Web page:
New bills introduced in Samoa last year could mean that judges will be able to be dismissed without due process, according to the Australian Bar Association and the Law Council of Australia.
Just before declaring a state of emergency due to COVID-19, Samoa’s Prime Minister, Tuilaepa Sailele Malielegaoi, introduced the Constitution Amendment Bill 2020, Judicature Bill 2020, and Lands and Titles Bill 2020 into Parliament.
The constitutional changes that could come into play as a result of these bills have significant implications for human rights and could undermine judicial independence, according to both the Australian Bar Association and the Law Council of Australia.
The changes could potentially mean that judges will be able to be dismissed by the executive without grounds or due process. Presently, judges are only able to be removed by a two-thirds vote of Parliament because of behavioural misconduct or mental incapacity. This could change, replacing the Parliament with the Judicial Services Commission, which would have an unlimited dismissal power and whose members would be mostly appointed by the executive.
Law Council president, Dr Jacoba Brasch QC, said that it is the court’s duty to interpret Samoa’s constitution and that matters must be resolved through the proper judicial process.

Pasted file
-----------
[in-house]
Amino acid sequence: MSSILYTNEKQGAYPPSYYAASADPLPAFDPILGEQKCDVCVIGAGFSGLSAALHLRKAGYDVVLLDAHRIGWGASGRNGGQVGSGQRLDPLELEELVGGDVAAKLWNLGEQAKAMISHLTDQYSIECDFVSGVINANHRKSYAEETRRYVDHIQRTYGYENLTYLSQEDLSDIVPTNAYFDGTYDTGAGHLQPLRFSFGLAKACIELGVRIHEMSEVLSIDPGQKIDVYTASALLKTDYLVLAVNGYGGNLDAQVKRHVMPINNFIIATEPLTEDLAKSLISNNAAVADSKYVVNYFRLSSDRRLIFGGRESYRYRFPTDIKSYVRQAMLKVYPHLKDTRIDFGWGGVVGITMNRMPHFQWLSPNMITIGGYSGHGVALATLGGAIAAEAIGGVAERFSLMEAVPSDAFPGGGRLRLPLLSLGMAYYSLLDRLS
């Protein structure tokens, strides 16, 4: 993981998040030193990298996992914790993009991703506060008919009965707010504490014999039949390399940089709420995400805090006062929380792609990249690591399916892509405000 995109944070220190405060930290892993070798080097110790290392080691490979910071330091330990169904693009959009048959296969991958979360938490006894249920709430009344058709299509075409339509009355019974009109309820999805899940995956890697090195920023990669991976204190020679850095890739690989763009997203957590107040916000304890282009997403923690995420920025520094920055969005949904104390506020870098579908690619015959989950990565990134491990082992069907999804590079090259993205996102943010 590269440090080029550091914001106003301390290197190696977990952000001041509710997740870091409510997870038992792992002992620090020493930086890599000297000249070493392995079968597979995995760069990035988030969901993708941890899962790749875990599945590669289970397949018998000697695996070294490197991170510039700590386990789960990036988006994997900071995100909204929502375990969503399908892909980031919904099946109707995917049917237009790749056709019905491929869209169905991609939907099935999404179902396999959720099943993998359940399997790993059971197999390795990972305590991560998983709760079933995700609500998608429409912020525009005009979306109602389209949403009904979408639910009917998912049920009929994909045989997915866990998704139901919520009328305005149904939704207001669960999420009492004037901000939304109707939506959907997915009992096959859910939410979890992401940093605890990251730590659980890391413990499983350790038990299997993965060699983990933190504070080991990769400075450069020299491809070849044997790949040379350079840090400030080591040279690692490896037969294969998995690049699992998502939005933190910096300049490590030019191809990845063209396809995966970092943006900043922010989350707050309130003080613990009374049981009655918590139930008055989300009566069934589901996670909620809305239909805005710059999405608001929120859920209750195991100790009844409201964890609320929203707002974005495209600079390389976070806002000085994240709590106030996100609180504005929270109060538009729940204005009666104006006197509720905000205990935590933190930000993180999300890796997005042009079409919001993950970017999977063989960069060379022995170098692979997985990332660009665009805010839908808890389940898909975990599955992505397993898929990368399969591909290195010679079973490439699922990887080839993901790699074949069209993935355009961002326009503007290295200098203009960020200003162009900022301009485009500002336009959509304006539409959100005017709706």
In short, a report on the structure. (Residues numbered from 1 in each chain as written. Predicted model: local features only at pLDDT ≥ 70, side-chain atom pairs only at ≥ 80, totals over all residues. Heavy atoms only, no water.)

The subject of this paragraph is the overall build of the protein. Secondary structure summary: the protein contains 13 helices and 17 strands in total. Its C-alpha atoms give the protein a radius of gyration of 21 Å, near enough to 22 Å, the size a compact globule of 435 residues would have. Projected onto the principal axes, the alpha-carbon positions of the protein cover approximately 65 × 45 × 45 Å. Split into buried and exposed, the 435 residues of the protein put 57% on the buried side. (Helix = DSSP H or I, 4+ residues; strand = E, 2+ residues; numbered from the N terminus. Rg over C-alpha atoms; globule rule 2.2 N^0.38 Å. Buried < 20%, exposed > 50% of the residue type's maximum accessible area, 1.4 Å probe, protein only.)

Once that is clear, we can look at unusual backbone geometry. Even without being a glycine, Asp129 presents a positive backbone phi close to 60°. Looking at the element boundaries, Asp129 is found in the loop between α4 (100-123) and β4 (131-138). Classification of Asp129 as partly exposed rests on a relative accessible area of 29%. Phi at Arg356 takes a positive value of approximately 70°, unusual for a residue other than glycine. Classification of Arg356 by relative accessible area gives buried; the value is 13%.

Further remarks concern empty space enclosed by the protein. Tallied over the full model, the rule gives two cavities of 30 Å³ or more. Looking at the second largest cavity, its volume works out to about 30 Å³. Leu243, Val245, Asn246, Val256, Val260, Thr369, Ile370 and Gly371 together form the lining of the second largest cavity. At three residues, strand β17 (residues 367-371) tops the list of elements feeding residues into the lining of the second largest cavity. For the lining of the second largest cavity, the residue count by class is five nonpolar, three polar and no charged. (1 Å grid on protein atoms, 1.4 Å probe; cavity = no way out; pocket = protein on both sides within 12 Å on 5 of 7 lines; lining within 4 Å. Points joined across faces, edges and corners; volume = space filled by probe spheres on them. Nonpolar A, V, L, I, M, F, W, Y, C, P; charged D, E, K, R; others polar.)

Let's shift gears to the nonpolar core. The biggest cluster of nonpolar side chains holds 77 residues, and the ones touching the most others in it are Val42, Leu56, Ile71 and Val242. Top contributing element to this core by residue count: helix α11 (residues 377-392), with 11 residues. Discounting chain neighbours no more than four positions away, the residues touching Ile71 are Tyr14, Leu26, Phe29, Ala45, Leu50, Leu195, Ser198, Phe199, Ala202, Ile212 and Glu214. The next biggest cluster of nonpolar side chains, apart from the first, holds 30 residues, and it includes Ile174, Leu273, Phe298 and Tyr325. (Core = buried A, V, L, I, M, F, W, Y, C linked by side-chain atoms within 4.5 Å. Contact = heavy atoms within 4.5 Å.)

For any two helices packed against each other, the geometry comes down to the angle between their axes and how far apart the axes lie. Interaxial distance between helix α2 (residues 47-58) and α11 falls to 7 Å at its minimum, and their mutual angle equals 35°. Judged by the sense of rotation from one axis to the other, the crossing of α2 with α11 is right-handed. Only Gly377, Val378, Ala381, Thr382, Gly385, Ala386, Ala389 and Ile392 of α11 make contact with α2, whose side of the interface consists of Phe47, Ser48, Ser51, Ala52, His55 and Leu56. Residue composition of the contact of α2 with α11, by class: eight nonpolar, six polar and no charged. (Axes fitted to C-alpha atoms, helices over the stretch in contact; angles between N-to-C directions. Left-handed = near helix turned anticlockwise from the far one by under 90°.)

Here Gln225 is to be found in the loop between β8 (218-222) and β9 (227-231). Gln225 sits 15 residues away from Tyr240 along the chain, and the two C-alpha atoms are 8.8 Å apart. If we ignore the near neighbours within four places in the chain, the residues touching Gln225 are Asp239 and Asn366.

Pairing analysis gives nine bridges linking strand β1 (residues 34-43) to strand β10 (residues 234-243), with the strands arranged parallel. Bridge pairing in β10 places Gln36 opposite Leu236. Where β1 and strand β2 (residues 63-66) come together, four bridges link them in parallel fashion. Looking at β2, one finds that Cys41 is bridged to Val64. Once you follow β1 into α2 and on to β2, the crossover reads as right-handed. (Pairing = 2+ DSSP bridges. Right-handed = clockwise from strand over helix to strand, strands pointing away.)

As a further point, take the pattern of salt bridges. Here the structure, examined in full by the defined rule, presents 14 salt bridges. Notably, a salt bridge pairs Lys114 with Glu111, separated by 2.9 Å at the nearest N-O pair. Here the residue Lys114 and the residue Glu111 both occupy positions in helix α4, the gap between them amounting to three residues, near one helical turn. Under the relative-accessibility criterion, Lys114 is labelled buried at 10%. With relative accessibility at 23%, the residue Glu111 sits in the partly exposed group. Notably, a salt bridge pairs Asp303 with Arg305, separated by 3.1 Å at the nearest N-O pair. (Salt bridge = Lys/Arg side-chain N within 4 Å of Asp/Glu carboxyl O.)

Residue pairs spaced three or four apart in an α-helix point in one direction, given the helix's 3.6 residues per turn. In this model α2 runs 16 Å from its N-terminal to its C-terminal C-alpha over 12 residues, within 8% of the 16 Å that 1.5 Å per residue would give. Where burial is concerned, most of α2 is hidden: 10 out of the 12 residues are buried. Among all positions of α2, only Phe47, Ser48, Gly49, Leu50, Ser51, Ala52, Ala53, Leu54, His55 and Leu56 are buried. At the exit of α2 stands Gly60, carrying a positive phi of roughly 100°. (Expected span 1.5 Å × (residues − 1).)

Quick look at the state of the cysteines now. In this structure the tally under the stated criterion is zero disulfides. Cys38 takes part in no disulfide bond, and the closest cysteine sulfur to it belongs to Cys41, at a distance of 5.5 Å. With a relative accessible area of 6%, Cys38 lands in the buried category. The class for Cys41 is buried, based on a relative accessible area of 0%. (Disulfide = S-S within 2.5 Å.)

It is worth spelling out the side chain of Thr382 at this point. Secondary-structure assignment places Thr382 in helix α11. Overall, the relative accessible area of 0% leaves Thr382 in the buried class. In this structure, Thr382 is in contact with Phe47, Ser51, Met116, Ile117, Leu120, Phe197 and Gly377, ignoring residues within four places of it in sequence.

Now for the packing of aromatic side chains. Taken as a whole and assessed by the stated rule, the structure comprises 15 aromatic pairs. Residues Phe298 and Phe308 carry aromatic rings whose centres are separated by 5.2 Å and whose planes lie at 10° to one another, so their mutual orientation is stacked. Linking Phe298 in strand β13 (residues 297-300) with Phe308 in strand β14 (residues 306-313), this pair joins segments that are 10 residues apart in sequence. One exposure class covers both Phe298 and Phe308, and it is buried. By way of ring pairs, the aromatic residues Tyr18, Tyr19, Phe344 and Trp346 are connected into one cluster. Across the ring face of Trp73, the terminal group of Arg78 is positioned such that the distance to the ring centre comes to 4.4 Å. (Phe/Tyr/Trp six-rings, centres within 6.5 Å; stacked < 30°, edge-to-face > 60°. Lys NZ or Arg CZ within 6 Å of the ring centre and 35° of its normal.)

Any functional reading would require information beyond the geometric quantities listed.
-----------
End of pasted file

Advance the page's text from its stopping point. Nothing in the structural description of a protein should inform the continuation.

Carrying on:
“Judges must be allowed to undertake their vital role without pressure, interference or personal attacks,” she said.
“Inherent to the rule of law is the principle that all parties are accountable to the law, and obliged to adhere to decisions of the courts. The Law Council calls on all parties to respect the rule of law and democratic process aimed at the expeditious resolution of these issues.”
Matthew Howard SC, president of the Australian Bar Association, said that the judiciary needs to remain independent from the executive.
“It is the role of the courts to resolve constitutional matters independently and in accordance with the law,” he said.
“The independence of the judiciary is fundamental to upholding the rule of law and maintaining the integrity of the democratic process. The ABA supports the Samoan judiciary in exercising its vital role in resolving the current issue.”
Dr Brasch QC also emphasised that the UN Basic Principles on the Independence of the Judiciary confirms the duty of governments and other institutions to respect and observe the independence of the judiciary, and to refrain from any inappropriate or unwarranted interference with the judicial process.
“Australia’s legal profession has full confidence in Samoa’s judiciary to resolve these constitutional matters thoroughly and independently, and in accordance with the applicable legal framework,” he said.
“An independent judiciary is the cornerstone of the rule of law and anchors the integrity of the democratic process.”